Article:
This would be my guess, actually. I can definitely see a scenario in which Obama loses the pop but wins the EC.

I can, too, but not by more than 0.5 to 1 point. Does anyone here believe Obama could lose the popular vote by more than that and still win the Electoral College? If so, what's the number -- 1.5? 2?

***
Stupid thing I had never heard before this week: even in states that Romney has no chance of winning (California, New York) Democrats should still vote, and vote for Obama, because if he loses the popular vote while winning the EC, then Republicans will engage in shenanigans of some kind, and... well, OK, at that point I couldn't really follow it. We're not switching to election by popular vote sometime in the next week, are we?

The argument is probably that a president who loses the popular vote but wins the Electoral College is seen in some corners as illegitimate. I didn't buy into this with Bush in 2000 and I won't buy into it if Obama wins this way in 2012, but the position got widespread play in 2000.
   5291. JE (Jason) Posted: October 28, 2012 at 01:02 PM (#4285932)
Is this supposed to be predictive, Jason?

I don't know why the Veep is scheduled to spend time in Pannsylvania a mere 96 hours before the election, Sam. We'll need to ask Chicago, I suppose.
   5292. Jolly Old St. Nick Is A Jolly Old St. Crip Posted: October 28, 2012 at 01:04 PM (#4285934)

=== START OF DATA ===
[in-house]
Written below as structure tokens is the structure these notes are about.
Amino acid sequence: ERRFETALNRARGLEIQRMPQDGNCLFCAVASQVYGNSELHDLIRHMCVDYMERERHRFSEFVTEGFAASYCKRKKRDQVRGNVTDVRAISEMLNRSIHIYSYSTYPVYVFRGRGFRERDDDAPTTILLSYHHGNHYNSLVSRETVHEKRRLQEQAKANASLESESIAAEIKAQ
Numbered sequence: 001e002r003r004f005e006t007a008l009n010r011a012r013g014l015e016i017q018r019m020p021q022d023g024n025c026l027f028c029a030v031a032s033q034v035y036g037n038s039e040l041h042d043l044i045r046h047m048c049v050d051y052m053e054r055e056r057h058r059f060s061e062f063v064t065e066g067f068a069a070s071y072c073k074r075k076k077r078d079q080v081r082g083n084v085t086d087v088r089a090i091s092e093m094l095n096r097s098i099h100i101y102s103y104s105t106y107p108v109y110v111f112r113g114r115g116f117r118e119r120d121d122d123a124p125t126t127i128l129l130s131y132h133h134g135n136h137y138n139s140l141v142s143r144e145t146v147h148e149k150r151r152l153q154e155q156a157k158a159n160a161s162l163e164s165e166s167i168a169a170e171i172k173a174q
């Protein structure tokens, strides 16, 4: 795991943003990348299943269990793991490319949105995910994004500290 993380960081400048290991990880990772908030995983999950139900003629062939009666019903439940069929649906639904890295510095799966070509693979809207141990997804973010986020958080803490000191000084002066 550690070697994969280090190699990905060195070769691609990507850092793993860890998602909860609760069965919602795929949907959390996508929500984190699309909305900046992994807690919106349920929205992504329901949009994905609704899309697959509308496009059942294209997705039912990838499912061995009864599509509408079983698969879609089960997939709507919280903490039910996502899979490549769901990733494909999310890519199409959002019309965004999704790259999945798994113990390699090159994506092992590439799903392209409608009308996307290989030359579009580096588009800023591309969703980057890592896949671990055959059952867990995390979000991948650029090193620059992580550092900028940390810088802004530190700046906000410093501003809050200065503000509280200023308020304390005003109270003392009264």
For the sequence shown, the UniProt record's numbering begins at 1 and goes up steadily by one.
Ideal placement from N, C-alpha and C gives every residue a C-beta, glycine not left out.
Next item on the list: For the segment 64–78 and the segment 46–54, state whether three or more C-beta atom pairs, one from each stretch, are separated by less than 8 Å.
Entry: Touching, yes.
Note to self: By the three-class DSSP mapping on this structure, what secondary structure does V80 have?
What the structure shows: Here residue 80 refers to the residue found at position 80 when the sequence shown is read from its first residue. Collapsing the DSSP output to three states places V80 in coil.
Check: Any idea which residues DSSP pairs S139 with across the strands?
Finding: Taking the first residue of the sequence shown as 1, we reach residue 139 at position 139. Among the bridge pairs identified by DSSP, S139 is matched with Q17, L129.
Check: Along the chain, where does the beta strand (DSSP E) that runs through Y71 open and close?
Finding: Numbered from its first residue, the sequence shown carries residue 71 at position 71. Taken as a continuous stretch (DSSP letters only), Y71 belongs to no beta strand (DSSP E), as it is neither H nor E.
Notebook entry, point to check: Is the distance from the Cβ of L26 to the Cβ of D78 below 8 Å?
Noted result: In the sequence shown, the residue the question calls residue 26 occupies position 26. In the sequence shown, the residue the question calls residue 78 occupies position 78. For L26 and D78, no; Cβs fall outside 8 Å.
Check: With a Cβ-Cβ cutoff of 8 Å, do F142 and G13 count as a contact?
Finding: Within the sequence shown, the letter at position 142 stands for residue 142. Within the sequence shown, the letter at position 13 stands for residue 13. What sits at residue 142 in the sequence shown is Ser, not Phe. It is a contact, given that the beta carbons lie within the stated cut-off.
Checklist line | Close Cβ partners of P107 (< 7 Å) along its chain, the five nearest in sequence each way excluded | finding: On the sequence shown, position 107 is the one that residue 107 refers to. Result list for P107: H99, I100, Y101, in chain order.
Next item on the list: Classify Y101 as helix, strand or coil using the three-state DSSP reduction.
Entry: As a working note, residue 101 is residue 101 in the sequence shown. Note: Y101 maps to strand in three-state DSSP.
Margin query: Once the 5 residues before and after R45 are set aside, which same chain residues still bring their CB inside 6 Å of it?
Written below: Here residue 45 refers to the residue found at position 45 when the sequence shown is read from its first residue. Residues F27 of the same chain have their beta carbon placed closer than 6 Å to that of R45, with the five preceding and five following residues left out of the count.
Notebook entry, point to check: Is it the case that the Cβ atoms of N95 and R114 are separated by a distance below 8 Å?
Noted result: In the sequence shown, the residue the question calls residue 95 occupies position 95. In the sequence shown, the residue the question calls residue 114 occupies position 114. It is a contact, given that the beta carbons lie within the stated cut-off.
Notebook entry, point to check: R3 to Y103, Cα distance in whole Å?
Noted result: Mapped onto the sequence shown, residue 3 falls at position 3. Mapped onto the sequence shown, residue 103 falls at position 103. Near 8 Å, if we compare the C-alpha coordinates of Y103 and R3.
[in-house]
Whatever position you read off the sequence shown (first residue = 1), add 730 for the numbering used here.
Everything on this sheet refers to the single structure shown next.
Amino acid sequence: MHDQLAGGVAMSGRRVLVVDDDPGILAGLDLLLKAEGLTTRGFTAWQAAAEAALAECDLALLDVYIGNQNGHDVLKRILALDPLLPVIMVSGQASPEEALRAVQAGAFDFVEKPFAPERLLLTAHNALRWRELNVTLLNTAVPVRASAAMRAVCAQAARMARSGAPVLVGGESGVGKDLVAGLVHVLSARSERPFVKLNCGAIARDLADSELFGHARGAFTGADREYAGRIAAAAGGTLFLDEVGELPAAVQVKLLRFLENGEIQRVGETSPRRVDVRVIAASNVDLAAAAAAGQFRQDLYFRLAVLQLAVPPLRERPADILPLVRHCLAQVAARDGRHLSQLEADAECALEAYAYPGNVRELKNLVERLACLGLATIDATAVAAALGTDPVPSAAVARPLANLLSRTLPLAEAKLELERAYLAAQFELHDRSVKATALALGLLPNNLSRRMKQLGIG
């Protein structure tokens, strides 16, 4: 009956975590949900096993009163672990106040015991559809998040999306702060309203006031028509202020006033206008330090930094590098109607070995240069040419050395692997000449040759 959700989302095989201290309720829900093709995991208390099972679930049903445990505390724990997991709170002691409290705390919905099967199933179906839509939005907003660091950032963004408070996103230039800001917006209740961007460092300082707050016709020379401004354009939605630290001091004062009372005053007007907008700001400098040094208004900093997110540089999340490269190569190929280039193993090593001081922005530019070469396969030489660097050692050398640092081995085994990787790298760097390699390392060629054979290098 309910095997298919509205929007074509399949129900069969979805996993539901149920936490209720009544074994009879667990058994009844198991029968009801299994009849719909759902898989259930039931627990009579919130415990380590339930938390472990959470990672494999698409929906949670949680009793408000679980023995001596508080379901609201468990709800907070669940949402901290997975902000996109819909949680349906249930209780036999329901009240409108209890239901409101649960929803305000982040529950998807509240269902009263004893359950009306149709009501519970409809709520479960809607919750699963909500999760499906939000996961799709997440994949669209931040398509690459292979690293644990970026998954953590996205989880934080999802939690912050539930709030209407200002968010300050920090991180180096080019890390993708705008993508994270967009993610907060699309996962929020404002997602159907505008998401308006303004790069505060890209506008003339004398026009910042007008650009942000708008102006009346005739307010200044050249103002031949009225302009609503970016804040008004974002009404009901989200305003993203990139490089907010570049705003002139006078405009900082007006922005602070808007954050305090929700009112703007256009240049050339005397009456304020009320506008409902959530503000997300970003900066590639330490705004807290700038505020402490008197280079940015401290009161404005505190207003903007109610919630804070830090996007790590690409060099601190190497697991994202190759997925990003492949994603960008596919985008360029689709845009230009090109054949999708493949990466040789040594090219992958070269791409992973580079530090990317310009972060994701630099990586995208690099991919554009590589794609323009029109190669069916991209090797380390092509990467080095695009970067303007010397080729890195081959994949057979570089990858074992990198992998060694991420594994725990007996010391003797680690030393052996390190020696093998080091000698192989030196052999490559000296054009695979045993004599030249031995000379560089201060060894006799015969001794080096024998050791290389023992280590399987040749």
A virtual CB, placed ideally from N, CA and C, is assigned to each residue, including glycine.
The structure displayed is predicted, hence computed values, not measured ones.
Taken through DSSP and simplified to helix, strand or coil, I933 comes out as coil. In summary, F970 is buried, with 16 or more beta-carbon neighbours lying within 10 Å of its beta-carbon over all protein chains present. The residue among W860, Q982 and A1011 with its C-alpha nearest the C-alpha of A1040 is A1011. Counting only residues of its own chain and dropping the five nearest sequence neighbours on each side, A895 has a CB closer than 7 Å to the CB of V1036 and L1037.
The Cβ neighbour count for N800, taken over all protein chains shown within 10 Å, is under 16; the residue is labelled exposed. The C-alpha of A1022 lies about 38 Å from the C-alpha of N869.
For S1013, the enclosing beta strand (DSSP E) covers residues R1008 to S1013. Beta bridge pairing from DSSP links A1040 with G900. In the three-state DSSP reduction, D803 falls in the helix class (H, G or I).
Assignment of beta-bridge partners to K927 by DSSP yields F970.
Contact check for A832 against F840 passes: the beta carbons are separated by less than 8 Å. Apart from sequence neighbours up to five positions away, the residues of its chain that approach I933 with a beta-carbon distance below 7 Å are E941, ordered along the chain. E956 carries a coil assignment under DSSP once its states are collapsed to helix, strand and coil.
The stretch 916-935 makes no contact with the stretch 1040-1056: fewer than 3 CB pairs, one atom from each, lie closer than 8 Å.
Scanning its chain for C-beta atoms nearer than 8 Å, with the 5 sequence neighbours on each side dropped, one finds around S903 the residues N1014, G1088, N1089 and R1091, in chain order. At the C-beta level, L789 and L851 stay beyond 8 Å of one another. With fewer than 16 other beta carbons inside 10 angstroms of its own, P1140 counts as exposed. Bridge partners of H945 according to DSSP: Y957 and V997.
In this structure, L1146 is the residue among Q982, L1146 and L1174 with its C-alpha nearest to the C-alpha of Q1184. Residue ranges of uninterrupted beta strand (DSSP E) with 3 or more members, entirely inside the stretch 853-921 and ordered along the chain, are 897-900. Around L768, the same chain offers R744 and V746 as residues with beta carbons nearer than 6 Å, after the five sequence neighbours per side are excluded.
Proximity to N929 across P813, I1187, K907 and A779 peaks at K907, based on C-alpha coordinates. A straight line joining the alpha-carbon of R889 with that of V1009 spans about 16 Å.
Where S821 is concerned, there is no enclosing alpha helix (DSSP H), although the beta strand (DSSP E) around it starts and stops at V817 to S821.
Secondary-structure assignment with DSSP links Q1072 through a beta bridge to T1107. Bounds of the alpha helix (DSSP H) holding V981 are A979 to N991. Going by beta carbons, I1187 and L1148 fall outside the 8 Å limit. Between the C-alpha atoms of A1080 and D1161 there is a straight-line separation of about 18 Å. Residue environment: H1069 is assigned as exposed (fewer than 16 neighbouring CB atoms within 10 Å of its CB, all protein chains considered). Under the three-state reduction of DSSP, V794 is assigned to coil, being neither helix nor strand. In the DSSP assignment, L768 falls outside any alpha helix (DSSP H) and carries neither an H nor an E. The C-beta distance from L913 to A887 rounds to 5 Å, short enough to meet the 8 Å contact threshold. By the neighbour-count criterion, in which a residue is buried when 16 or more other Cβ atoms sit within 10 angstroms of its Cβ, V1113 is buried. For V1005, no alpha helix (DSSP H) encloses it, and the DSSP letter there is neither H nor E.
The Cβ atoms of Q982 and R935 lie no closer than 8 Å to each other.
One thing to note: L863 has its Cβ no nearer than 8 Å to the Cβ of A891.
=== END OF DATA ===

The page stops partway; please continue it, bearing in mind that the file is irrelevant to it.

Stupid thing I had never heard before this week: even in states that Romney has no chance of winning (California, New York) Democrats should still vote, and vote for Obama, because if he loses the popular vote while winning the EC, then Republicans will engage in shenanigans of some kind, and... well, OK, at that point I couldn't really follow it. We're not switching to election by popular vote sometime in the next week, are we?

The point of that argument isn't about who would win the 2012 election. The point of it is the entirely reasonable proposition that a split decision (so to speak) would make the last four years seem like a bipartisan lovefest compared to what would ensue between now and 2016. And of course it also raises the prospect of a 5-4 Supreme Court possibly deciding yet another election.

OTOH the upside would be that such a split might enable a constitutional amendment to elect the president by popular vote pick up support from Republicans who otherwise would never support it. It's all pure speculation, but at least that's what the argument is.
   5293. Joe Kehoskie Posted: October 28, 2012 at 01:06 PM (#4285936)
And I assure you that if Obama wins via EC but loses the popular vote you will hear nothing but "he has no real mandate" for at least two years.

If Obama squeaks back in with a 281-257 win in the Electoral College while the GOP holds the House and perhaps gains a seat in the Senate, Obama won't have anything resembling a mandate, whether he wins the popular vote or not.

(And if Obama allegedly would have a mandate, then a mandate for what? Obama's entire campaign has been about bashing Romney rather than laying out proposals for the next four years. Even the Washington Post laughed at that agenda booklet he put out last week.)
   5294. tshipman Posted: October 28, 2012 at 01:07 PM (#4285938)